TOP chasing prospect Fingal Bay lived up to the hype with a near- perfect round of jumping at Chepstow.
Making his debut over the larger obstacles, the six-year-old was chased hard but in vain by Welsh runner Tiger O’Toole on the run to the line.
Jockey Richard Johnson, who was left in front by market rival Poungach’s departure at the very first fence, reported the son of King’s Theatre was idling and was not hard pressed to win.
Trainer of the second Evan Williams said he didn’t think the form was worth much, but that his charge ran a "great race".
With one Welsh pairing playing catch-up, Haverfordwest’s Peter Bowen was already on the scoreboard with Awaywiththegreys in contest number two.
He nearly threw it away with a blunder at the last, before jockey Jamie Moore regained the momentum.
"He’s one of the best horses I’ve ever had," said Bowen, who reported his retired stable star Swansea Bay to be enjoying eventing with Rebecca Curtis’ head lad.
A career in dressage and showjumping beckons for 2012 Grand National winner Neptune Collonges, but the horse came back to familiar territory on Saturday.
The veteran was part of a ‘Parade of Champions’ in the paddock, which featured 2008 National winner Comply or Die, his former stablemate Well Chief and 2010 Cheltenham Gold Cup winner Imperial Commander.
Owner of Neptune John Hales revealed he had a special film made of the Aintree race and has watched it nearly every night since.
That’s because the Shropshire businessman was hardly watching when he jumped the last fence in April’s showpiece.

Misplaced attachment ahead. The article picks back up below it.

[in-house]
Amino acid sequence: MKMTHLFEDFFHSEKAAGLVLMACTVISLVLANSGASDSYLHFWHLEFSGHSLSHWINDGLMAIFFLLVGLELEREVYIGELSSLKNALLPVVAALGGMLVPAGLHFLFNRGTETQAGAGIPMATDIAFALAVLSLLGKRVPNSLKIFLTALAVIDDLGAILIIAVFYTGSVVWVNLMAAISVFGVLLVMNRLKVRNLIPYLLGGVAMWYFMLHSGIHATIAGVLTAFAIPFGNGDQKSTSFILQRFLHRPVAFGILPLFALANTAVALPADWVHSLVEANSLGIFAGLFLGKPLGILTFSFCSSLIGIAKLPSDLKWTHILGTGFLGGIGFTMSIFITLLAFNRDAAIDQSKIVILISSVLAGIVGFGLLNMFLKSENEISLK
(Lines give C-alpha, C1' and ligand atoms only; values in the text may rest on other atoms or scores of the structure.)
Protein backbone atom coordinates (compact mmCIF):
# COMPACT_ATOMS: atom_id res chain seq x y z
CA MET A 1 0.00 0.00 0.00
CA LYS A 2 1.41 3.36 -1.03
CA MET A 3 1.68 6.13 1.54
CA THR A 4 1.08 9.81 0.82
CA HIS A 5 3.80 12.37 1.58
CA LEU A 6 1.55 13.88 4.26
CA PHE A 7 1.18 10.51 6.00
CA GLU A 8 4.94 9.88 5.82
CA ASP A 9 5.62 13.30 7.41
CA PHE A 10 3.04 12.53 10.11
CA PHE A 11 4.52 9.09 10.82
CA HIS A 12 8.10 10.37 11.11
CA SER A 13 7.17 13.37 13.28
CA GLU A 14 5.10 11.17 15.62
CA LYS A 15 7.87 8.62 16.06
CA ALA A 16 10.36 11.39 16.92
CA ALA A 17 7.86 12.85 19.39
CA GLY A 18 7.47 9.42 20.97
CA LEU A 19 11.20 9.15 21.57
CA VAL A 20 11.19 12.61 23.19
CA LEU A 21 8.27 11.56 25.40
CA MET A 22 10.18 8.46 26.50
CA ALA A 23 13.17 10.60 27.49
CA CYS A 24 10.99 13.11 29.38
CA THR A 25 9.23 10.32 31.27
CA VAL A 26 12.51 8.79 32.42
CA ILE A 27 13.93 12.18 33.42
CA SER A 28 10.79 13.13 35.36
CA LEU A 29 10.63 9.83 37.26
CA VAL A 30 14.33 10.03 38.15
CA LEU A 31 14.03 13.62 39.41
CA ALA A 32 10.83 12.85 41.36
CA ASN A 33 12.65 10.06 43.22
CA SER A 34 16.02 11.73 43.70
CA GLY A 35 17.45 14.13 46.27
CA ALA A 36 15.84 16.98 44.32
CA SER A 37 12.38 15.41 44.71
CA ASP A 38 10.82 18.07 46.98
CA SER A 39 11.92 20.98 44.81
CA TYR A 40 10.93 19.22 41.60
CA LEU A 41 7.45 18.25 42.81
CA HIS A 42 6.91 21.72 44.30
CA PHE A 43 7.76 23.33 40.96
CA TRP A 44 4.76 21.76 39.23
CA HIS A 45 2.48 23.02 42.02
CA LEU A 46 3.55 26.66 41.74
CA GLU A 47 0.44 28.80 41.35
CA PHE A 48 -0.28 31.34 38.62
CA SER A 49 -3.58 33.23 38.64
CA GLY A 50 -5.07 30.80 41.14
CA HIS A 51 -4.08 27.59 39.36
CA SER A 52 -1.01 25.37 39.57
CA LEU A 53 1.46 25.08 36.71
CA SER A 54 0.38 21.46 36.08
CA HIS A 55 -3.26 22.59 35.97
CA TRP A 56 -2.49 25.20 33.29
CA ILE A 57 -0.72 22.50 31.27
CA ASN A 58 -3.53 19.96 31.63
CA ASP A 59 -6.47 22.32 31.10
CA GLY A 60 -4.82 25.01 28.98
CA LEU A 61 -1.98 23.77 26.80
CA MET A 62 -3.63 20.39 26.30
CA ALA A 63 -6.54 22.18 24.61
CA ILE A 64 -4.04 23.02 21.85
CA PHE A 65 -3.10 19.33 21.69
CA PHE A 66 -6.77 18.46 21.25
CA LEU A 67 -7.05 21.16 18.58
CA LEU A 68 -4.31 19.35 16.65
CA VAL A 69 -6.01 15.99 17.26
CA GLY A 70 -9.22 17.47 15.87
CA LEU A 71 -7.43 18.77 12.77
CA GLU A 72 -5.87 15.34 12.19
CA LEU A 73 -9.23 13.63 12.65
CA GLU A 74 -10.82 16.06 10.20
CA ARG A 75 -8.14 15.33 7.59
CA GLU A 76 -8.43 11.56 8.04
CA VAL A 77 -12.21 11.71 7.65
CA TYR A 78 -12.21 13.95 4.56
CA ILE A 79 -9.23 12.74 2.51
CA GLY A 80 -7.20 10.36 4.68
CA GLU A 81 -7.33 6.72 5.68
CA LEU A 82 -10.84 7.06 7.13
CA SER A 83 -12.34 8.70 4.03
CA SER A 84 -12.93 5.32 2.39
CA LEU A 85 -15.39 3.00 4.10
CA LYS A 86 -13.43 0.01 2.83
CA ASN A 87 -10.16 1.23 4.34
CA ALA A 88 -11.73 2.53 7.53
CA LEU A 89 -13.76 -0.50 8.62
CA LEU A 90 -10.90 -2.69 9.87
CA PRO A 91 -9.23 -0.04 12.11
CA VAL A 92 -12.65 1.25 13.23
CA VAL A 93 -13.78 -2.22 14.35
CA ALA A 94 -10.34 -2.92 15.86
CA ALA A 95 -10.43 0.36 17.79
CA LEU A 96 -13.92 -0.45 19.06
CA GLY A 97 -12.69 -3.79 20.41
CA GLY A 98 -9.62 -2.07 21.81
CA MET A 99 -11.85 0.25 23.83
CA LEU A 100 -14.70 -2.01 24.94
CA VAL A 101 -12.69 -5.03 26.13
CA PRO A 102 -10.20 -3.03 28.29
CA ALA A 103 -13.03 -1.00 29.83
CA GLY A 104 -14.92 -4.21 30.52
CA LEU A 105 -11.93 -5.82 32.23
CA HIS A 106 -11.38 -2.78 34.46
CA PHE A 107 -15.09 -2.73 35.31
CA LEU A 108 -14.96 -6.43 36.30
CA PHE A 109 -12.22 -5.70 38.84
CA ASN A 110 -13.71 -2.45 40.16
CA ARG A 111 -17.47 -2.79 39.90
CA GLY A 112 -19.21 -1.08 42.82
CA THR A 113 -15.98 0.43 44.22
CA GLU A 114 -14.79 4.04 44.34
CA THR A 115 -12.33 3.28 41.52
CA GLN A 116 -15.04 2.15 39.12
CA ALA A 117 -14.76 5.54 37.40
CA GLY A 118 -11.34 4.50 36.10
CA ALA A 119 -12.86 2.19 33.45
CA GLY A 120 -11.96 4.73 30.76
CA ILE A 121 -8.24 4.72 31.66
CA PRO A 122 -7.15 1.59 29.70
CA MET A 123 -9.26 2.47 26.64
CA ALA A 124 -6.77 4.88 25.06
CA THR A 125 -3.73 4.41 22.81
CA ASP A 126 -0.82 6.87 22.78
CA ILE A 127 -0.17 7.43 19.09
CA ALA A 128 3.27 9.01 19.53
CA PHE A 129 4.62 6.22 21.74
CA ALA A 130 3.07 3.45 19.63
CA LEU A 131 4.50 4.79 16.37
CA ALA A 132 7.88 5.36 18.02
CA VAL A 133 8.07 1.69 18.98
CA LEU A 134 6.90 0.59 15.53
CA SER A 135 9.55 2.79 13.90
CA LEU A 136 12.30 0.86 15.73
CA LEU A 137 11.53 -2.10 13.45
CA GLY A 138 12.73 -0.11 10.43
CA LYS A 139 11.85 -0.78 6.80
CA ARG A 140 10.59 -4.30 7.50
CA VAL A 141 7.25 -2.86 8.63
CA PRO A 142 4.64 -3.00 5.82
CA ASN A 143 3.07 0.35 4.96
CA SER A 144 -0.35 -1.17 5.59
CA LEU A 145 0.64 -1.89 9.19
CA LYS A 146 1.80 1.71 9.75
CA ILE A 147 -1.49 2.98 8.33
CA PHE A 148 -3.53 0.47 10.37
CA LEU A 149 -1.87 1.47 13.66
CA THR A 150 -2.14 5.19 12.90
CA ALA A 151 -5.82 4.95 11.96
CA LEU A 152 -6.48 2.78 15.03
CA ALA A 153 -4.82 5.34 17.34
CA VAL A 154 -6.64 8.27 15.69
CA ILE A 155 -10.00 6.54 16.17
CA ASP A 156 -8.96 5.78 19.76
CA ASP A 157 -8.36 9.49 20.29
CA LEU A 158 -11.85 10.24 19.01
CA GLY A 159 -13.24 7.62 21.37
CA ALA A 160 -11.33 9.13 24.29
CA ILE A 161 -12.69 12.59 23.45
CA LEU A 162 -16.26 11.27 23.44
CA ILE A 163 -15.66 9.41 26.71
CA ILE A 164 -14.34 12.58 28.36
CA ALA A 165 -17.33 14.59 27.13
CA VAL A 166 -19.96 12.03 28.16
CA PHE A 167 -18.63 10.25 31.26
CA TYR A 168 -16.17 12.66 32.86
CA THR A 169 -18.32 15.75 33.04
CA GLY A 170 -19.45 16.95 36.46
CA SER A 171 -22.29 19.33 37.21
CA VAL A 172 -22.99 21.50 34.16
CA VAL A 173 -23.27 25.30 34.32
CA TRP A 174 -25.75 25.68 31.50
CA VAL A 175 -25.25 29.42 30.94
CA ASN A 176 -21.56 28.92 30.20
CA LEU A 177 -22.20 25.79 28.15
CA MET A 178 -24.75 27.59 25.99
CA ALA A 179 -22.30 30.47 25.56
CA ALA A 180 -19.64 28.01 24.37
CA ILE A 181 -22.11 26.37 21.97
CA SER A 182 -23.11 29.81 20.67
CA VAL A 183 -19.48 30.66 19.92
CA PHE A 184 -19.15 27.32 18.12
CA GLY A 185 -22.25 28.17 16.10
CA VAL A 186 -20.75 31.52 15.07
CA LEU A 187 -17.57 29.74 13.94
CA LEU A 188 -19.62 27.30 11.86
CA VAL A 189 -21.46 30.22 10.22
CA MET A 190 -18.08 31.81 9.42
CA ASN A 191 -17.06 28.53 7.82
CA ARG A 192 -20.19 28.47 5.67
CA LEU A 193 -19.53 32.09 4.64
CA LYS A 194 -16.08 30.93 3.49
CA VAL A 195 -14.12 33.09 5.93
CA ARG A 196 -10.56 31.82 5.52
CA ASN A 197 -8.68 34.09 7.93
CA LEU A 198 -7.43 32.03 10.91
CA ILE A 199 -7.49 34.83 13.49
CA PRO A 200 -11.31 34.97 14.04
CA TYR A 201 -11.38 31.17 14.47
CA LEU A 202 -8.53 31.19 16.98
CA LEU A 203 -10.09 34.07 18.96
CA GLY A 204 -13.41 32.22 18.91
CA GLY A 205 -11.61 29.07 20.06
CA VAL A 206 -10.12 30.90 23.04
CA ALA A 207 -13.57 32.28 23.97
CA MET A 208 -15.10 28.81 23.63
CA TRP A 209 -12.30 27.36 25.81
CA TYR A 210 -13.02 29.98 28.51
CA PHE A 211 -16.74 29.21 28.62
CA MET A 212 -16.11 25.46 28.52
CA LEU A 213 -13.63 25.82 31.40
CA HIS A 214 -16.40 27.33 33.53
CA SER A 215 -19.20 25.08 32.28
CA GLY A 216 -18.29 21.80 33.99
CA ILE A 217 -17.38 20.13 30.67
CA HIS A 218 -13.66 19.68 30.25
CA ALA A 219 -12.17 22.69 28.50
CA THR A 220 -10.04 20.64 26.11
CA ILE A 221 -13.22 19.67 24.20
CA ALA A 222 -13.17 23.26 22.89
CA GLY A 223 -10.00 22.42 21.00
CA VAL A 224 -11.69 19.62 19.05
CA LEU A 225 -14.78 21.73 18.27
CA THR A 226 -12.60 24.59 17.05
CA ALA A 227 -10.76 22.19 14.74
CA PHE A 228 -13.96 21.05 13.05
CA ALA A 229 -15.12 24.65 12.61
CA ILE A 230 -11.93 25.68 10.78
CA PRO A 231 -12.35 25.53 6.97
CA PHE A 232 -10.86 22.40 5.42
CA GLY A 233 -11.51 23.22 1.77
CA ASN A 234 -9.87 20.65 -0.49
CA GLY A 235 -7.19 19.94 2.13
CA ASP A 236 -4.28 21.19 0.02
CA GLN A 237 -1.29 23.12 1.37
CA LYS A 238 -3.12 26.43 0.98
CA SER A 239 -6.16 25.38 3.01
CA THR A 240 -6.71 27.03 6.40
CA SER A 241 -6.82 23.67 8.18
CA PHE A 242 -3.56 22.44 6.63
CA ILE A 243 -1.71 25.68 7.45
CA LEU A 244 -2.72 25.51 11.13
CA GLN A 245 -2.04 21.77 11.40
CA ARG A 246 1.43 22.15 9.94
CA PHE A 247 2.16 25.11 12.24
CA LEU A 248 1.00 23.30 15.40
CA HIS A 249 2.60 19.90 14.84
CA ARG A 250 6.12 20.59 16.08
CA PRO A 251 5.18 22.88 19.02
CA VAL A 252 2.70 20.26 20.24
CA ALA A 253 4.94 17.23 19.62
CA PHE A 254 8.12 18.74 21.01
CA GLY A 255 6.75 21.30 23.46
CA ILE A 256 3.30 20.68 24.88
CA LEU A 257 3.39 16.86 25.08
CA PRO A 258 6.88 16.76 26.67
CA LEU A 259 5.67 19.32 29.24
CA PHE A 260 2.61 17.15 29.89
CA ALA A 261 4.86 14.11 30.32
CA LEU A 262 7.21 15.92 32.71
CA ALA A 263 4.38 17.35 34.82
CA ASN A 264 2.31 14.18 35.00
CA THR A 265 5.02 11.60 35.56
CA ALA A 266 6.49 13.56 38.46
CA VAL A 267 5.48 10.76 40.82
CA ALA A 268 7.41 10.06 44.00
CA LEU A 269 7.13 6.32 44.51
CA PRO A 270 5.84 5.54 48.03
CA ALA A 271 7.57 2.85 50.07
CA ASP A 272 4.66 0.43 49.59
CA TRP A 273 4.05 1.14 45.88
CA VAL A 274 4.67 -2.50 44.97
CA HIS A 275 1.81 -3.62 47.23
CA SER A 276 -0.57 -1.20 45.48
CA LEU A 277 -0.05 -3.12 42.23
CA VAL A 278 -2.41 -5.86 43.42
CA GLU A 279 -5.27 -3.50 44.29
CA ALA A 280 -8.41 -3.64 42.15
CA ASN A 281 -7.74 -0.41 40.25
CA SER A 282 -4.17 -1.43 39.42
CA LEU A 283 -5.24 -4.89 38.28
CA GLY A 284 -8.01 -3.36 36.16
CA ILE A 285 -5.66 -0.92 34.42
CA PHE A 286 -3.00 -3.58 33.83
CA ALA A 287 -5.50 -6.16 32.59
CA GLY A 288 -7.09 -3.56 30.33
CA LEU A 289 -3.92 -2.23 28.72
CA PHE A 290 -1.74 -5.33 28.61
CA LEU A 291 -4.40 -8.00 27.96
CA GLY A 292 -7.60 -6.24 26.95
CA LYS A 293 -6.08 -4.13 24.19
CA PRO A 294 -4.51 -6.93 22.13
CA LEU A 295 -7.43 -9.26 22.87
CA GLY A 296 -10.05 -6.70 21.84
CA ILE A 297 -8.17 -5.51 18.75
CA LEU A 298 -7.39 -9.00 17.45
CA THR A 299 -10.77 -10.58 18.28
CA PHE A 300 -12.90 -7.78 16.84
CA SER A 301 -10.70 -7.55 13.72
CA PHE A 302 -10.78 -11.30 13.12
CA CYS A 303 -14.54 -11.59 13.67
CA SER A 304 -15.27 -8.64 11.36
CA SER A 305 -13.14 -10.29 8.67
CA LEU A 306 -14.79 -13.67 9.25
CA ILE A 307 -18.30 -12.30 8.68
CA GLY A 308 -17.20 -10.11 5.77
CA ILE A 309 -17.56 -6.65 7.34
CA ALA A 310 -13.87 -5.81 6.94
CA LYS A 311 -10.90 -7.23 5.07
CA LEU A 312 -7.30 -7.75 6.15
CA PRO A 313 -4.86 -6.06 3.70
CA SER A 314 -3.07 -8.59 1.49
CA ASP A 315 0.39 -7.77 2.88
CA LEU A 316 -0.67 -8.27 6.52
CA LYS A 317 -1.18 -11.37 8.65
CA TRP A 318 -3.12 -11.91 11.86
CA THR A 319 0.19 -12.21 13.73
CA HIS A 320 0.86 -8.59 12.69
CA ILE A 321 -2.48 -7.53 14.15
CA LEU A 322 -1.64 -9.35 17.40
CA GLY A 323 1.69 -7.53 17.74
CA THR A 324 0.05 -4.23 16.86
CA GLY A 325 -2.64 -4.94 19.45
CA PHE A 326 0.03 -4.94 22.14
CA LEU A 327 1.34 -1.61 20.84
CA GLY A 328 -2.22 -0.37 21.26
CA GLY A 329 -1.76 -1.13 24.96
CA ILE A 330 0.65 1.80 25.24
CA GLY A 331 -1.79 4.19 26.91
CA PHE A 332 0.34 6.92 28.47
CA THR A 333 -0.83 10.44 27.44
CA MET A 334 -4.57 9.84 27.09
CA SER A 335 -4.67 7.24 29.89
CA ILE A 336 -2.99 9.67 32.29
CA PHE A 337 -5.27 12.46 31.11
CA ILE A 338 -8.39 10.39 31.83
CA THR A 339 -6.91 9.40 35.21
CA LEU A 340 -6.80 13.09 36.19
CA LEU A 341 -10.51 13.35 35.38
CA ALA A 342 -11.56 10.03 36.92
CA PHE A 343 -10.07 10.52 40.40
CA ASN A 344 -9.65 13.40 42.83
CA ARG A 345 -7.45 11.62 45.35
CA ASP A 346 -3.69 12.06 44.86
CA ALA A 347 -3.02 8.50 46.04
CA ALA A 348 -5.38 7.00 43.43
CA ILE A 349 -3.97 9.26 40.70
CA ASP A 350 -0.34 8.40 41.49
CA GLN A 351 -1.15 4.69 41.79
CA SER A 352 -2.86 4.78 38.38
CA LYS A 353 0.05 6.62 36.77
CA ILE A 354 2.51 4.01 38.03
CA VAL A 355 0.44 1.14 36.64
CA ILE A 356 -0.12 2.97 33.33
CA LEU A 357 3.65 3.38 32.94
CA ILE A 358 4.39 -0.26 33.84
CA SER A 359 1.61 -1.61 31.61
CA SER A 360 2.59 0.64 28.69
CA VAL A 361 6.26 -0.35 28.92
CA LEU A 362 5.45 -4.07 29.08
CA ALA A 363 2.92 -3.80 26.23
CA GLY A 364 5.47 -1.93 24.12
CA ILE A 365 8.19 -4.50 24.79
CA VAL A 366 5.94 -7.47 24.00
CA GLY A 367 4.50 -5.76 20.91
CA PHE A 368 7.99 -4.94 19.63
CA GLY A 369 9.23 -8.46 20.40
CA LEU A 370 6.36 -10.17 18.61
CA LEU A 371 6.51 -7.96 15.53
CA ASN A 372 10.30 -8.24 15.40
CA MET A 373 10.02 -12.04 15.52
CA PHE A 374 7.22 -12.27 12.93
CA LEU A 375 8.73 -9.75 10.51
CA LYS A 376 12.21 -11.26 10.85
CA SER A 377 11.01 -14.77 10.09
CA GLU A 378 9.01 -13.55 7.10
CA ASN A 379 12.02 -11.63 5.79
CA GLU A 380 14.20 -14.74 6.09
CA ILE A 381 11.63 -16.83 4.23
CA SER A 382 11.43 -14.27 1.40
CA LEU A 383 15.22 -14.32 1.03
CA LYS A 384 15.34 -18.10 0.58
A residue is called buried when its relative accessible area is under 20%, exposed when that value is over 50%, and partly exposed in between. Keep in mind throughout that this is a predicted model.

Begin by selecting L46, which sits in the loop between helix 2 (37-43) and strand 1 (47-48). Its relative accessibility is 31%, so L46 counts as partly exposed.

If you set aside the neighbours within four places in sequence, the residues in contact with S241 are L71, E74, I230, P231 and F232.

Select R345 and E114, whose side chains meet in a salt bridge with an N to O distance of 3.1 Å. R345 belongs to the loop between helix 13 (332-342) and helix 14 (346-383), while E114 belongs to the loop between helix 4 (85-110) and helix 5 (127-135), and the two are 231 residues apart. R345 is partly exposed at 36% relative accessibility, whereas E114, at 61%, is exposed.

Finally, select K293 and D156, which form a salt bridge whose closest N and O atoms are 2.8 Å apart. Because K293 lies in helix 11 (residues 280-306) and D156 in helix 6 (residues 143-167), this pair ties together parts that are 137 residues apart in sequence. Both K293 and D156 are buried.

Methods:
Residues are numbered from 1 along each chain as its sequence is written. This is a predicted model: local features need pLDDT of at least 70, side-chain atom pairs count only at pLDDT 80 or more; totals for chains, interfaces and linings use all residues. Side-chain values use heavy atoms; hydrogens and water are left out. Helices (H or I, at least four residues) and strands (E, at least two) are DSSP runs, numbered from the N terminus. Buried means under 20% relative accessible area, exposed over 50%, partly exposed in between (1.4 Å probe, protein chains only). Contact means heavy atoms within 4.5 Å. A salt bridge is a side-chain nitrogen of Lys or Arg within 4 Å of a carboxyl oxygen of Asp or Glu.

"I turned away then as I knew he was safe and going home. It was an amazing finish," he said, as the nose victory over Sunnyhillboy was replayed to the Chepstow crowd.
The course’s leading trainer, Paul Nicholls, showed his hand for the rest of the season with a double, courtesy of juvenile Far West and Hinterland.
He told readers of the Chepstow races live blog favourite Rangitoto would probably need the run in race six and he was spot on as that one didn’t figure.
At the business end, it was Lost Glory under an ‘AP’ drive which ran out a gutsy winner, although Argus racing column selection Victor’s Serenade was travelling well when a blunder five out ended all hope.
"Aidan (jockey) felt he would have been first, second or third. He came back and said he had never been so happy in that situation," said Anthony Honeyball.
McCoy was able to brighten up the trainer’s day in the last with a taking victory on Regal Encore.
The four-year-old was not much to look at in the paddock, but showed why leading owner JP McManus bought him over the summer with a power-packed display.
"He’s a bit decent. I’m delighted he’s done the job for JP," said Honeyball.
The four-year-old is likely to stick to the bumper route, while Victor’s season could be geared around a crack at the Welsh National, the trainer added.